V/A | New Tales to Tell: A Tribute to Love and Rockets (Justice)

cd_loverockets.jpgThe real gems on this compilation are many and varied.

 

 

 

 

 

 

Tribute albums, as a general rule, have the dubious reputation of being genrally disappointing, largely unappreciated by fans, and at best inclusive of one or two tolerable interpretations of the honoree’s work. There have, of course, been exceptions to the rule (how can I forget the Alternative Tentacles Virus 100 tribute to the Dead Kennedys, or the throng of interesting Pixies tributes that predictably followed their breakup?). In New Tales to Tell: A Tribute to Love and Rockets, I may have found such an exception, and that’s a hard order to fill when the band being covered more or less co-wrote the soundtrack to my high school years and still finds its way into my normal rotation of CDs on a regular basis. It doesn’t hurt, of course, that the kickoff track was done by Black Francis, who shares the same distinction in my musical past in his various incarnations.

If you begin listening to these 18 tracks with any sense of stubborn traditionalism to the originals, you probably aren’t going to be too impressed. The argument I come across from other music lovers most often regarding cover songs goes something like this: "If you’re going to cover something, make it as close to the original as you can or it’s disrespectful to the artist." Frankly, that’s bullshit, and thank God for tribute albums like this one, in which the individual bands and artists have taken something meaningful from a revered contemporary and added something meaningful from their own talent to make it unique. For my money, emulation isn’t the highest form of flattery; it’s collaboration.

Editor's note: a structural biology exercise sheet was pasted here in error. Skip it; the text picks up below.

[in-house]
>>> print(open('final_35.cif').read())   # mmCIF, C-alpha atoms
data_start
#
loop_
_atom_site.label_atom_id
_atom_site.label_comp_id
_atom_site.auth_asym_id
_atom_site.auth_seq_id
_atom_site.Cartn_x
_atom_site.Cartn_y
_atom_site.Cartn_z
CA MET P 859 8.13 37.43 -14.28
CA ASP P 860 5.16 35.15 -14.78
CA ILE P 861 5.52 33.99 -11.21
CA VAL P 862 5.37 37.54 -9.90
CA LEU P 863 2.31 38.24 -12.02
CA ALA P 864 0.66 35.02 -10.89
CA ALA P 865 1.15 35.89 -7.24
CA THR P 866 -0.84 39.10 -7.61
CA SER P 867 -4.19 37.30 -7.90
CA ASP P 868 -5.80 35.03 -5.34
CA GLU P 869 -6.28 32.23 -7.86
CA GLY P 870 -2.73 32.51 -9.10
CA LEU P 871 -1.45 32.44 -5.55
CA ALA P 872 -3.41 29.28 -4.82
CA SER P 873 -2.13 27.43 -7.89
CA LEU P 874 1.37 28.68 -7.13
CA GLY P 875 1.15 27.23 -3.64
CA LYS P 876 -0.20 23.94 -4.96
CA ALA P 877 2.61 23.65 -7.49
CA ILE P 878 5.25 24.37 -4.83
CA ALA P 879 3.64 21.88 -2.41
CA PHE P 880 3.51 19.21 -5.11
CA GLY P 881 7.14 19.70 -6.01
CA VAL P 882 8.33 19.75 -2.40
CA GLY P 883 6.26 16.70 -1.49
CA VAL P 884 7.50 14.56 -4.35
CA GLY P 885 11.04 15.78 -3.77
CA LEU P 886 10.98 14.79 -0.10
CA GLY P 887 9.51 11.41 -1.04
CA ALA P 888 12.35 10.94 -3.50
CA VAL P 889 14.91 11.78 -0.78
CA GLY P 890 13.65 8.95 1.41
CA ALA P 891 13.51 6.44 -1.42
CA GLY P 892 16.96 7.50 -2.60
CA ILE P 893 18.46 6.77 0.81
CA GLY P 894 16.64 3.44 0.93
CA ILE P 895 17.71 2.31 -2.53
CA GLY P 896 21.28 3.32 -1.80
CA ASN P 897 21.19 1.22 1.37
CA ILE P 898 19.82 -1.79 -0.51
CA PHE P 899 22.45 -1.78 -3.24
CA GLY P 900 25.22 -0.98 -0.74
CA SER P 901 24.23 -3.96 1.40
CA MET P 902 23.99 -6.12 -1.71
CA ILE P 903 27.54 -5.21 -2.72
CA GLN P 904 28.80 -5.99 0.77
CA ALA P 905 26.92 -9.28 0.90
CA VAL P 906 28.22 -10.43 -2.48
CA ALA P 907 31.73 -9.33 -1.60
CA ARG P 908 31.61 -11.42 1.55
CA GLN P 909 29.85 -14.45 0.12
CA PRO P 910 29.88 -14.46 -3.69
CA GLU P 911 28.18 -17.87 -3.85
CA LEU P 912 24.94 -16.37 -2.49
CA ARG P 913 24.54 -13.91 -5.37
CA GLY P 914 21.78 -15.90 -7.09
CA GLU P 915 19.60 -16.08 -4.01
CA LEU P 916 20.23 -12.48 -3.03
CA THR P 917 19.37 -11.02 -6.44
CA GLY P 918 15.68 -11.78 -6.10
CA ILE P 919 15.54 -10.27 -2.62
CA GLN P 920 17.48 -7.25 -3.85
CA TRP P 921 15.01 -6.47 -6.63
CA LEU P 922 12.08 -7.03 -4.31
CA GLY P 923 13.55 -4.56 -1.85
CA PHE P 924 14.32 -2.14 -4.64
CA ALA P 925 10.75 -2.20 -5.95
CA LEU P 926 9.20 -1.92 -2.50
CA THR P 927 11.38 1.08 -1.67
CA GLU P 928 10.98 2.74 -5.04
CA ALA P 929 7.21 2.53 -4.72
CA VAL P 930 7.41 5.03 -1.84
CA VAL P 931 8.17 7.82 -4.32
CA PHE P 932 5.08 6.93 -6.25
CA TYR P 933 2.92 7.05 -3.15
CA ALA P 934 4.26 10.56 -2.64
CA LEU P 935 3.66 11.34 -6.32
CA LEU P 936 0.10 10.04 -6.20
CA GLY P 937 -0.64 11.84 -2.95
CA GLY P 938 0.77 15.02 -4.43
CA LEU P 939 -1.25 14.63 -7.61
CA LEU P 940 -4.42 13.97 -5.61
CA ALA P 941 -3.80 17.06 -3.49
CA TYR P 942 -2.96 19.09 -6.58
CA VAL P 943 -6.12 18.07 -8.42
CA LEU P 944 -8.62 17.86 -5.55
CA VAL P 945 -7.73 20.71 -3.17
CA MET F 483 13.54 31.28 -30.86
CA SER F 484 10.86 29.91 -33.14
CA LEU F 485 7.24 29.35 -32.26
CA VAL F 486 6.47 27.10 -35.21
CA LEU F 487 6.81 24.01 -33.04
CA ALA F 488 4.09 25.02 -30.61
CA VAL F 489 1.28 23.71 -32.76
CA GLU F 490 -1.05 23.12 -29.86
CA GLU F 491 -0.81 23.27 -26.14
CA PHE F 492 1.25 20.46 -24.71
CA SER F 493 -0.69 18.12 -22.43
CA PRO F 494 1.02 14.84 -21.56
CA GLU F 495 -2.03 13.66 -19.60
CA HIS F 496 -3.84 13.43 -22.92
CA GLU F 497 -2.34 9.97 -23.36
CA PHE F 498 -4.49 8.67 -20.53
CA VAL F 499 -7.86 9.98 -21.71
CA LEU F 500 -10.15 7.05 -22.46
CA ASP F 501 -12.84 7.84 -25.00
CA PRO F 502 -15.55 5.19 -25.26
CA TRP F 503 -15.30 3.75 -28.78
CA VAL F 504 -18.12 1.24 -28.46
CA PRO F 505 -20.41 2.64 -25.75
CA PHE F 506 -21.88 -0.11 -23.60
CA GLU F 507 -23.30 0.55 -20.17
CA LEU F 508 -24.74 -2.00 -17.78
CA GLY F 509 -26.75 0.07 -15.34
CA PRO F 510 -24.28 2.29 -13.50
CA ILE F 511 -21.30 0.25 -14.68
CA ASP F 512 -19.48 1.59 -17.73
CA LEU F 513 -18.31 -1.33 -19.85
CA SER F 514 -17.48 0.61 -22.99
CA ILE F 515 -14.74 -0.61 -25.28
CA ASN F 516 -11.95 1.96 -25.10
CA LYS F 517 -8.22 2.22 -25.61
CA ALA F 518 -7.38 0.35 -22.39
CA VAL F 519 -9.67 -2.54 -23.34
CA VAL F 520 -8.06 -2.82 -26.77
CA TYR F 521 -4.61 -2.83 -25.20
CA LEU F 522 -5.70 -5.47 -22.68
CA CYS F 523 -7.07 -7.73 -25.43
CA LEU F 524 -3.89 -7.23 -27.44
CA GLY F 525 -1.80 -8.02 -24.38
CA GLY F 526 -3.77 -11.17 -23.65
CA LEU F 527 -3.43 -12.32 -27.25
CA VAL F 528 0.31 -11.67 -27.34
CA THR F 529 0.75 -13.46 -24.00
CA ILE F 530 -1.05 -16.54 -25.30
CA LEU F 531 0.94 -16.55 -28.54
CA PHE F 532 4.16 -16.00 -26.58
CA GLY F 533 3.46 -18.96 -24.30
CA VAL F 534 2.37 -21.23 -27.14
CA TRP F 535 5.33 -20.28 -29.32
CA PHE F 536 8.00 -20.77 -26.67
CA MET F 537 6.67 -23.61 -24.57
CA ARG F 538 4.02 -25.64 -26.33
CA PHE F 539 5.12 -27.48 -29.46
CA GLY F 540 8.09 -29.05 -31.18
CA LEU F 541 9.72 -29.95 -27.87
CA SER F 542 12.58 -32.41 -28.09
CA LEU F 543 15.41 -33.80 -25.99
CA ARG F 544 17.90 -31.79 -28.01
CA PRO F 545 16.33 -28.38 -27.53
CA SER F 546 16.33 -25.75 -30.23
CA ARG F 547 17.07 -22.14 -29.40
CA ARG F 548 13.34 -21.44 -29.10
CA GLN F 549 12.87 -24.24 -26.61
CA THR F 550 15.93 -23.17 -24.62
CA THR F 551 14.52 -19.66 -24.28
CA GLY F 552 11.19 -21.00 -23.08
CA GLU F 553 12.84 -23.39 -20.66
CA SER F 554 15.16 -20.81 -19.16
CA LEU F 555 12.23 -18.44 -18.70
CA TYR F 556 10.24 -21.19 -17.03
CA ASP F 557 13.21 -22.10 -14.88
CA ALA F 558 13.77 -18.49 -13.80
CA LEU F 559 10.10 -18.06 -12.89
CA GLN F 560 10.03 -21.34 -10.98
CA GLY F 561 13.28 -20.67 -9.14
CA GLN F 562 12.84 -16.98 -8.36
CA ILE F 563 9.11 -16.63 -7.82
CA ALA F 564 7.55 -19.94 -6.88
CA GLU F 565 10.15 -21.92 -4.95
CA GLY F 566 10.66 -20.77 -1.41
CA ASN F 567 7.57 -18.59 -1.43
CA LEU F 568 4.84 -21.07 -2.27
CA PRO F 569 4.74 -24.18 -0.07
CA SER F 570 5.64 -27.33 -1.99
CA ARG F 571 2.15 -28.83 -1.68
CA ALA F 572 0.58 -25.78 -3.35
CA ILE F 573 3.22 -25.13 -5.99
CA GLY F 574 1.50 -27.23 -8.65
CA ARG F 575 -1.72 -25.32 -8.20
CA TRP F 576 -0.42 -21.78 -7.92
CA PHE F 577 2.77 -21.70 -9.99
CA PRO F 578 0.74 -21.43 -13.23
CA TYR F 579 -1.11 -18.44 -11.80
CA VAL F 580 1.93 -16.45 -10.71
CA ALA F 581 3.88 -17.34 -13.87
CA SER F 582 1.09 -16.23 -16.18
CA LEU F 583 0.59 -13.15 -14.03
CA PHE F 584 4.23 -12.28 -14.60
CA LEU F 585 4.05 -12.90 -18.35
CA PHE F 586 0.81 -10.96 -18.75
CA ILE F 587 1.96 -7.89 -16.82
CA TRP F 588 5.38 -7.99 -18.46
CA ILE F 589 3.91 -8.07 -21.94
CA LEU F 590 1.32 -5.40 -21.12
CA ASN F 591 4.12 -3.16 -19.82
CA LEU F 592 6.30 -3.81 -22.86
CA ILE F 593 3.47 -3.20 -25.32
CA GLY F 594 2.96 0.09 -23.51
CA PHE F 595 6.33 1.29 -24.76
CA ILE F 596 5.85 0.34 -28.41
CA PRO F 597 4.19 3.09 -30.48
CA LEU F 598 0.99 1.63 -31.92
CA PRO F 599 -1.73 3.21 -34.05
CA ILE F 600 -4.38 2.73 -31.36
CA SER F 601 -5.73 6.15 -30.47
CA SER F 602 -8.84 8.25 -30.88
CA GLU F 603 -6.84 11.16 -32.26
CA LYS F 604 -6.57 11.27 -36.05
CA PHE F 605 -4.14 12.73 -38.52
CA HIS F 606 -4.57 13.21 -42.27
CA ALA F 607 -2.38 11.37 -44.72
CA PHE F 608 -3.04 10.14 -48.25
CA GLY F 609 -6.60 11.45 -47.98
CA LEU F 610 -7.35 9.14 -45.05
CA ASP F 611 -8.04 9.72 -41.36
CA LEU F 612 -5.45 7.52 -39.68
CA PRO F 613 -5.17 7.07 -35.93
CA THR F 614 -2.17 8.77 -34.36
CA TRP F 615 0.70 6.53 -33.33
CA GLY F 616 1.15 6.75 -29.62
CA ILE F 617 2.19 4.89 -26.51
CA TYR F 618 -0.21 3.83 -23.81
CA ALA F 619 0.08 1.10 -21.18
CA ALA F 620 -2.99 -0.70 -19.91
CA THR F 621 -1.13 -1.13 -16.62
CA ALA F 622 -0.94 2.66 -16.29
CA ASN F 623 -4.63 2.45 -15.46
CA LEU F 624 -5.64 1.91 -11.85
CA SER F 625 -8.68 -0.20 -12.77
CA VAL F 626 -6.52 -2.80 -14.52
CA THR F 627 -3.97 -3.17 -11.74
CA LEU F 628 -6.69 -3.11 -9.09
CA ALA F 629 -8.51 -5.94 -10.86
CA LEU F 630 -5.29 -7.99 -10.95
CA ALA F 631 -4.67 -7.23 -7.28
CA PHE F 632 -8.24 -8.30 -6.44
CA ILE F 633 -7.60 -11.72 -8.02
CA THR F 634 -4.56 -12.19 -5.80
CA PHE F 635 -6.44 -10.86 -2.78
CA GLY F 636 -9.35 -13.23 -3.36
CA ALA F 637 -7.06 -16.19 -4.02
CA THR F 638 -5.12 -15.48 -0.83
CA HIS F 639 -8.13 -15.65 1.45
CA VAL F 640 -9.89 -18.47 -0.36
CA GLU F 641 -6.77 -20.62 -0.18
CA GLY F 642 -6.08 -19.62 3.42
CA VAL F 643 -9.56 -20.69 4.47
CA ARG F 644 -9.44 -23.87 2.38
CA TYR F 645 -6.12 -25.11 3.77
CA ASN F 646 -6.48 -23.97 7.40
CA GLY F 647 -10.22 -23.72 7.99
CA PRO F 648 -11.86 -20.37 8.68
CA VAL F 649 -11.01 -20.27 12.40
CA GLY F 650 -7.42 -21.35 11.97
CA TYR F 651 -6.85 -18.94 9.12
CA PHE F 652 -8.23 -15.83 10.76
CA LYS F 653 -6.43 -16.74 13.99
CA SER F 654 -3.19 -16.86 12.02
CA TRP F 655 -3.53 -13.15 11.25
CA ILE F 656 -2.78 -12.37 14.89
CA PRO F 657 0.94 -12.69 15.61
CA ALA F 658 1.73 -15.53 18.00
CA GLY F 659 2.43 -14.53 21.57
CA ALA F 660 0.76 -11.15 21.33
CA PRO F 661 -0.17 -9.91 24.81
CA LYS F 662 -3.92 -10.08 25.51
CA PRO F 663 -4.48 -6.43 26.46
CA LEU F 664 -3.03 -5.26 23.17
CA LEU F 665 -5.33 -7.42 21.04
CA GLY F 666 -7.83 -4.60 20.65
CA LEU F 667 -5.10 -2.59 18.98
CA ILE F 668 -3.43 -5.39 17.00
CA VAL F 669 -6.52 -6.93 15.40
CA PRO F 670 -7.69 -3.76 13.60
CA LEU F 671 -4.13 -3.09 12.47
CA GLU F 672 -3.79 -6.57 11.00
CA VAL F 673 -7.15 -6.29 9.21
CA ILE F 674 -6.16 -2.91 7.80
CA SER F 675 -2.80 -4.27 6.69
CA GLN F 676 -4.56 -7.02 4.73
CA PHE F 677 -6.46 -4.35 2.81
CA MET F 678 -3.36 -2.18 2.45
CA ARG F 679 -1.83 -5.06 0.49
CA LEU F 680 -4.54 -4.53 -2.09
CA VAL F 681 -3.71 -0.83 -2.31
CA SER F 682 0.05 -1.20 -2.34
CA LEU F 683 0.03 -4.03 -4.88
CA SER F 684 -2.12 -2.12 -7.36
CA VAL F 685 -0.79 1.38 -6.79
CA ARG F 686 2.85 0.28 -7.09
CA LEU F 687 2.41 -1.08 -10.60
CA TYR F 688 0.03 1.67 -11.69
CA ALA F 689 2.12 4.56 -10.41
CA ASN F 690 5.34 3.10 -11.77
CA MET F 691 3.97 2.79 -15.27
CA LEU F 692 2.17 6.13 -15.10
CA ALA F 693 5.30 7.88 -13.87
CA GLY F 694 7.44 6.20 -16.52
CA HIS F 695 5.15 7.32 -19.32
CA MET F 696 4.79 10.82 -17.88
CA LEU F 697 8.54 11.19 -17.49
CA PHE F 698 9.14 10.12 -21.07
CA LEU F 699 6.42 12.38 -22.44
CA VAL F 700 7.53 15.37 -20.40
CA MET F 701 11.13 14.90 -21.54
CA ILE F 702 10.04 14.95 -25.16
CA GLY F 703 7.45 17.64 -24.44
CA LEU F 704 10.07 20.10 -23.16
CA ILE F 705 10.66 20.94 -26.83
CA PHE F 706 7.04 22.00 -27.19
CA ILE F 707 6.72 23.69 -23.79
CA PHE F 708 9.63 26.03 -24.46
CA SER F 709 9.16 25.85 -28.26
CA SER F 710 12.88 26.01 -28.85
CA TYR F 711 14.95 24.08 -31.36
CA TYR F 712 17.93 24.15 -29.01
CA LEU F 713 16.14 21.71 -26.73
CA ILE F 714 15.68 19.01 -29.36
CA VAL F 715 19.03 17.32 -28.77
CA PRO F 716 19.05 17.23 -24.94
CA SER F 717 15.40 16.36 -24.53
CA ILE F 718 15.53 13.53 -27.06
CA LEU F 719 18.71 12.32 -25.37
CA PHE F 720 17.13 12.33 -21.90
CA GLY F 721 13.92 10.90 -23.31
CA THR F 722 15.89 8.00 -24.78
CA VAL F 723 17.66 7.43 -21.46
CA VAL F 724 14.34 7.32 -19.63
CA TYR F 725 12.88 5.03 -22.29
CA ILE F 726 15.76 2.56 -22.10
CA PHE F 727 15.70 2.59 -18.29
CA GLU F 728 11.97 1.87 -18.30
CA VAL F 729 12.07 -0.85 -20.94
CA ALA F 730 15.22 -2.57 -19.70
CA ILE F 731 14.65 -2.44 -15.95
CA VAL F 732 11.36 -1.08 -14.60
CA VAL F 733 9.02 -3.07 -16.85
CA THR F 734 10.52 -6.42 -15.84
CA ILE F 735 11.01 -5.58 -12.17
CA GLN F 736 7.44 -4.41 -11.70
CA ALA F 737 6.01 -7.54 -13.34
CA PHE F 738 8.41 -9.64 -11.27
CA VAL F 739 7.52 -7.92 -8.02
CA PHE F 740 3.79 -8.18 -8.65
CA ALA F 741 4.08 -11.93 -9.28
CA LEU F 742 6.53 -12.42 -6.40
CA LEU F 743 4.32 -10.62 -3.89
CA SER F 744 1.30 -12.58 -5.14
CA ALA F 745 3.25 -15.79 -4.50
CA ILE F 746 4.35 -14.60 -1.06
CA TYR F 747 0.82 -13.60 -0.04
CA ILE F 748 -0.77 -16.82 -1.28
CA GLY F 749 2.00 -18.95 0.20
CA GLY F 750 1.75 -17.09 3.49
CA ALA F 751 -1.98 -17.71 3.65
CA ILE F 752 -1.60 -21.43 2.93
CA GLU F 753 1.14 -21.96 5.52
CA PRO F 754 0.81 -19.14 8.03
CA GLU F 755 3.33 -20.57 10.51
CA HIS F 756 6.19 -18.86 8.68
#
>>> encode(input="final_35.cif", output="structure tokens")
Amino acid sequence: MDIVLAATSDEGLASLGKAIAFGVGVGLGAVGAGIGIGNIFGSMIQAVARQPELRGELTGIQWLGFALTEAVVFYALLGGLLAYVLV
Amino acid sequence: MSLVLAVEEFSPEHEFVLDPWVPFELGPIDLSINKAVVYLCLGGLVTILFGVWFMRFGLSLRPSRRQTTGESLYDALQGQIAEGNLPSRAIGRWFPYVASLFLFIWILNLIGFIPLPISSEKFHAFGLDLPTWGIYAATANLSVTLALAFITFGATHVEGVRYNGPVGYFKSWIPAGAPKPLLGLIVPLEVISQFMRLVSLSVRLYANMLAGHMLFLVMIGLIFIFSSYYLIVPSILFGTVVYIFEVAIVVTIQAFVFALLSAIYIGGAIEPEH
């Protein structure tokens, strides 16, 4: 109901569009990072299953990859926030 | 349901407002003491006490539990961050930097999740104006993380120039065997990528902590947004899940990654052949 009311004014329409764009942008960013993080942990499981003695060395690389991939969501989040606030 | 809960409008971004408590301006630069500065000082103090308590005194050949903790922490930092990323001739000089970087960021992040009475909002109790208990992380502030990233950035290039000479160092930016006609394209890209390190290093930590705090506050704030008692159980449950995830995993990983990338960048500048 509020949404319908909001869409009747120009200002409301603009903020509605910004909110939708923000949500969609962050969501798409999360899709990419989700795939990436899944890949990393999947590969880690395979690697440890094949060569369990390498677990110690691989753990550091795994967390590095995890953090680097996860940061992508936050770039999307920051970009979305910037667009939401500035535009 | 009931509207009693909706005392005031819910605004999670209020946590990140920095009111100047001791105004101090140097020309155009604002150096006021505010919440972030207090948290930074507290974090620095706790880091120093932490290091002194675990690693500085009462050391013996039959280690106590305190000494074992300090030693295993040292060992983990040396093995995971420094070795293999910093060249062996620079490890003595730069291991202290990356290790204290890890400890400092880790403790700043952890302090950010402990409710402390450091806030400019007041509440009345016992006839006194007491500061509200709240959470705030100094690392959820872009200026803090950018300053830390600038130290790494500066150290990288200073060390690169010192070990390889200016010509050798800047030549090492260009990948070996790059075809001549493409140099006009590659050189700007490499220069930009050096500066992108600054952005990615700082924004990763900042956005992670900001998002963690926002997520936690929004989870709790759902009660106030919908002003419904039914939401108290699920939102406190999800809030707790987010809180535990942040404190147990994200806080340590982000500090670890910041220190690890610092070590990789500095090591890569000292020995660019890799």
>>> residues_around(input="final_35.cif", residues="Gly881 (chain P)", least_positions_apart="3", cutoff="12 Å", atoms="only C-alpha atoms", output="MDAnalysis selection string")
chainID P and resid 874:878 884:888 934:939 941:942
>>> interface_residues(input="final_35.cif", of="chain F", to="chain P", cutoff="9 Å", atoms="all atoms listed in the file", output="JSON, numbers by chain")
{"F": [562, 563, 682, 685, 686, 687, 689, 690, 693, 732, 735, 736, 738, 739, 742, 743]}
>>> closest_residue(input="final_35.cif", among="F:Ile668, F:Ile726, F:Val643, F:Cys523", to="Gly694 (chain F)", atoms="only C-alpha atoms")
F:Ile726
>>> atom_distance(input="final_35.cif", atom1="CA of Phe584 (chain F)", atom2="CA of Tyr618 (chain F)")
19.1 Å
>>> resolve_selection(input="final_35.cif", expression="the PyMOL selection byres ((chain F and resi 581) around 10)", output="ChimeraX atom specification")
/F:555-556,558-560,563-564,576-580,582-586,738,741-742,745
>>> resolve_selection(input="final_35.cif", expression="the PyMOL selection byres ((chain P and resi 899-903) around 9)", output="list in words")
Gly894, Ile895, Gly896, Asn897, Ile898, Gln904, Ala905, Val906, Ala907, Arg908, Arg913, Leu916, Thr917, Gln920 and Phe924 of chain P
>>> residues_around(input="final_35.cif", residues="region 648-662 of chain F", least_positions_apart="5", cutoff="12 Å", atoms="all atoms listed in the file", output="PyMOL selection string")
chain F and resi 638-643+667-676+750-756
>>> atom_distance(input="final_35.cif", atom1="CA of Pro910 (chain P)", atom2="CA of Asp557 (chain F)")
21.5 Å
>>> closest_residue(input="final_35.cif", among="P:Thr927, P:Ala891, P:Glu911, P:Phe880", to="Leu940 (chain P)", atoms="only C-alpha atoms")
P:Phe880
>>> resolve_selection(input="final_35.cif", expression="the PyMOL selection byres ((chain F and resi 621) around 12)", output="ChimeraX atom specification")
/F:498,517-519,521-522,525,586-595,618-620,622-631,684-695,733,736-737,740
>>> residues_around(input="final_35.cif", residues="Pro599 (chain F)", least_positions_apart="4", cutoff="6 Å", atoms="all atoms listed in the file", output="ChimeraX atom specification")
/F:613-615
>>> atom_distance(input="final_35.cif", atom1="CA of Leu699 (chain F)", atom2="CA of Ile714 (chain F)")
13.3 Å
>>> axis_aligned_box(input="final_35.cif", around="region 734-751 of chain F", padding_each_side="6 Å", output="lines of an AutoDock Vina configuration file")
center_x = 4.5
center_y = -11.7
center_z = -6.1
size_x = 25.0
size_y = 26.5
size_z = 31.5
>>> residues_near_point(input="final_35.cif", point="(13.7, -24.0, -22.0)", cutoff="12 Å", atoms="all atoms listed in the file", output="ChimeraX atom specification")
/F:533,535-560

The real gems on this compilation are many and varied. Black Audio’s version of "No New Tale to Tell" and Dubfire’s take on "I Feel Speed" both successfully inject freshness into two songs that have become standards in my collection, and Monster Magnet’s "Mirror People" had my hands drumming on the steering wheel and my head bobbing down the highway just like the original did so many years ago. Better Than Ezra even pleasantly surprised me with their cover of "So Alive," a song which, in my humble opinion, is very easy to get wrong. And without a doubt, The Stone Foxes’ "Fever" blew my hair back by leaving the dynamics and music of the song pretty much completely alone, but changing up the instrumentation to include a human drummer and some gritty harmonica riffs in place of the keyboard flourishes.

The disappointments, expectedly, are there, too. "The Light" is rendered by A Place to Bury Strangers into a sped-up-a-bit-too-fast and honestly a little overproduced reincarnation in which the vocals are obliterated behind a wall of feedback (see, when Love and Rockets did it, you could still hear the words), and Snowden’s "No Words No More" could well have been a sparse, fuzzy guitar thrown over a practice session of Gregorian monks.

We may as well allow, though, that this is, after all, a tribute album and every track suffers the comparison to the original, but as tribute albums go, it’s worth the listen. My occasional cringing was indeed outweighed in the end by my toe-tapping. B | Jason Neubauer

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